Teen in court after '$600K swiped from DraftKings gamblers'

Bet he didn't expect these computer hacking charges

An 18-year-old Wisconsin man has been charged with allegedly playing a central role in the theft of $600,000 from DraftKings customer accounts.

Joseph Garrison – who potentially faces years in the clink if convicted and apparently bragged to his co-conspirators that "fraud is fun" – surrendered to the cops Thursday morning in New York City and appeared before a judge later that afternoon.

He has been charged with conspiracy to commit computer intrusions, unauthorized access to a protected computer to further intended fraud, unauthorized access to a protected computer, wire fraud and wire fraud conspiracy, and aggravated identity theft.

According to the six-count criminal complaint [PDF] that was unsealed this week, Garrison's alleged crime spree started with a credential-stuffing attack against DraftKings, which prosecutors only identified as "the betting website," in November 2022.

Credential stuffing is where you have a list of username-password combinations for one website or app, and you throw those login details at other sites to see if any of them also work, taking advantage of the fact that people use the same usernames, email addresses and passwords across multiple services. That's why using a strong unique password per site, with multi-factor authentication if possible, is ideal so that if one user database is stolen, the impact is limited.

As we reported at the time, the Boston-based sports gambling biz said that the login information of the impacted customers was stolen elsewhere and applied to their DraftKings accounts, where some passwords were reused. A classic stuffing attack.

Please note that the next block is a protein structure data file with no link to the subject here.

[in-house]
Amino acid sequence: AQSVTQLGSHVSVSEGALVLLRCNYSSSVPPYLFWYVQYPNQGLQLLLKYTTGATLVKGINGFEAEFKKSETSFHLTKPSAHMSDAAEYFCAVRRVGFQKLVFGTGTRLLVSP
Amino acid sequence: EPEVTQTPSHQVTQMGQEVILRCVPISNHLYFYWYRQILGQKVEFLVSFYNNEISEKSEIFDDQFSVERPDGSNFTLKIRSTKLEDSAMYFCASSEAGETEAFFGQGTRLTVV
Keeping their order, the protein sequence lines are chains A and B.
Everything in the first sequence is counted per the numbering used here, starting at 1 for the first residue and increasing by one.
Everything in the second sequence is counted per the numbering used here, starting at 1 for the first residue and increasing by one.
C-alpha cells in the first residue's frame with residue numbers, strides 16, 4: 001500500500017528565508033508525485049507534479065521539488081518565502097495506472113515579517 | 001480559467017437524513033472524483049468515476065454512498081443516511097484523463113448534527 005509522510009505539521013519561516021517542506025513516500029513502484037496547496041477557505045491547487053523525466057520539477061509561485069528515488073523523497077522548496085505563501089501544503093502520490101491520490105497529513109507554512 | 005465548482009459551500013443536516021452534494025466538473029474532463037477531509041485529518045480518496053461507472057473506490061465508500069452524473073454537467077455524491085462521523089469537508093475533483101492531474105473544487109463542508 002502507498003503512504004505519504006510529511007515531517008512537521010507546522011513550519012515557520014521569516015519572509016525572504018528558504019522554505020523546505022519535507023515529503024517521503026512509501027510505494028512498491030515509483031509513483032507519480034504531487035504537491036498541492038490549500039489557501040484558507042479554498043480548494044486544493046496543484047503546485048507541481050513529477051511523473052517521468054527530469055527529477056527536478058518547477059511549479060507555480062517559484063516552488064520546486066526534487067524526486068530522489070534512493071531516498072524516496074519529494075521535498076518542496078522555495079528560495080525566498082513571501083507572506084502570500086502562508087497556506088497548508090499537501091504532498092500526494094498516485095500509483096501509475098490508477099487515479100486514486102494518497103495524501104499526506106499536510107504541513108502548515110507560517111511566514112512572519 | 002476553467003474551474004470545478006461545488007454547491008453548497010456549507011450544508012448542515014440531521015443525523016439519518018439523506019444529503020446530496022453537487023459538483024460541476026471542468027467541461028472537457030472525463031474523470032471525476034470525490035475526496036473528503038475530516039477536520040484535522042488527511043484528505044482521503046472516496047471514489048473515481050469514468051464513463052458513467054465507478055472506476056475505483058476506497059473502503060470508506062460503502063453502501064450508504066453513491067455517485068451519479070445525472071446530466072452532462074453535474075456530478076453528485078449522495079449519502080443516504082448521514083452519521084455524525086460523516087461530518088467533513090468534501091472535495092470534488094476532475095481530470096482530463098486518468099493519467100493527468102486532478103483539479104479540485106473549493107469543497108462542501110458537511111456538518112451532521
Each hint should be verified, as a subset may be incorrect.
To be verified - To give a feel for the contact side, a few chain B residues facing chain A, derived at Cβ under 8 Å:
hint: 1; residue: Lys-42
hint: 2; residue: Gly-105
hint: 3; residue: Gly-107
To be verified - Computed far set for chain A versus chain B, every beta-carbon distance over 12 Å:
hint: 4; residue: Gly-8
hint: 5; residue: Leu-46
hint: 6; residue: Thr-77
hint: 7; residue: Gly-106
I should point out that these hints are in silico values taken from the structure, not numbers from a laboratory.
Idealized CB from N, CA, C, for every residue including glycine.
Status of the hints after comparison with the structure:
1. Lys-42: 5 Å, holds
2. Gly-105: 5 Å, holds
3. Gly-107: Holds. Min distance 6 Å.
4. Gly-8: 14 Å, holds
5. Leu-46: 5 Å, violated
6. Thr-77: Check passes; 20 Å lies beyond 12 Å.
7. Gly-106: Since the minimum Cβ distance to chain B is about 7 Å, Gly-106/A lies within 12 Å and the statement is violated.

After spotting the caper in November, "DraftKings provided notice to customers in relevant jurisdictions and restored amounts for a limited number of users who may have had funds improperly withdrawn from their accounts," a spokesperson told The Register.

"The safety and security of our customers' personal and payment information is of paramount importance to DraftKings," the spokesperson continued. "We worked with law enforcement in catching the alleged bad actor(s), and we want to thank the Department of Justice, including the FBI and US Attorney, Southern District of New York, for their prompt and effective action."

It's unclear where Garrison and his fellow miscreants obtained the account credentials as alleged but these are easy enough to buy in bulk on the dark web after they've been stolen from other databases in earlier security breaches.

What's more, crooks can use scripting and other programs to quickly see if email address and password combos work on other sites. With the help of this automation, the alleged fraudsters successfully used previously purloined names and passwords to compromise about 60,000 accounts belonging to DraftKings users, according to prosecutors.

Garrison then allegedly sold access to these accounts, the Feds claim, along with instructions on how to drain the money from the compromised accounts. In some cases, crooks would withdraw all the funds in an account by transferring them to a newly added financial account belonging to the criminals, we're told.

This scam allegedly netted Garrison and his customers about $600,000 from some 1,600 victim accounts, according to court documents. That's up from the $300,000 DraftKings at least initially told the media last year, we note.

'Fraud is fun'

When law enforcement searched Garrison's home in February, they found computer programs used for credential stuffing attacks as well as files containing almost 40 million usernames and passwords on Garrison's computer, it is claimed.

Additionally, the Feds claim to have found records of incriminating conversations between Garrison and his co-conspirators about how to break into the sport betting site and how to steal funds from victims' accounts. In a series of chats between Garrison and a co-conspirator from September 14, 2022, and September 16, 2022, Garrison bragged about his credential-stuffing prowess, it is claimed.

"I quit simming," one September 14 message says, referring to SIM swapping, and "I'm back to cracking…im getting sites no1 has had for like ever and shit…i have every captcha bypassed."

Then, two days later, Garrison messaged the same co-conspirators and said, "fraud is fun…im addicted to see money in my account…im like obsessed with bypassing shit," the Feds claimed.

In announcing the charges, US Attorney Damian Williams said Garrison may well learn an important lesson: "You shouldn't bet on getting away with fraud." ®

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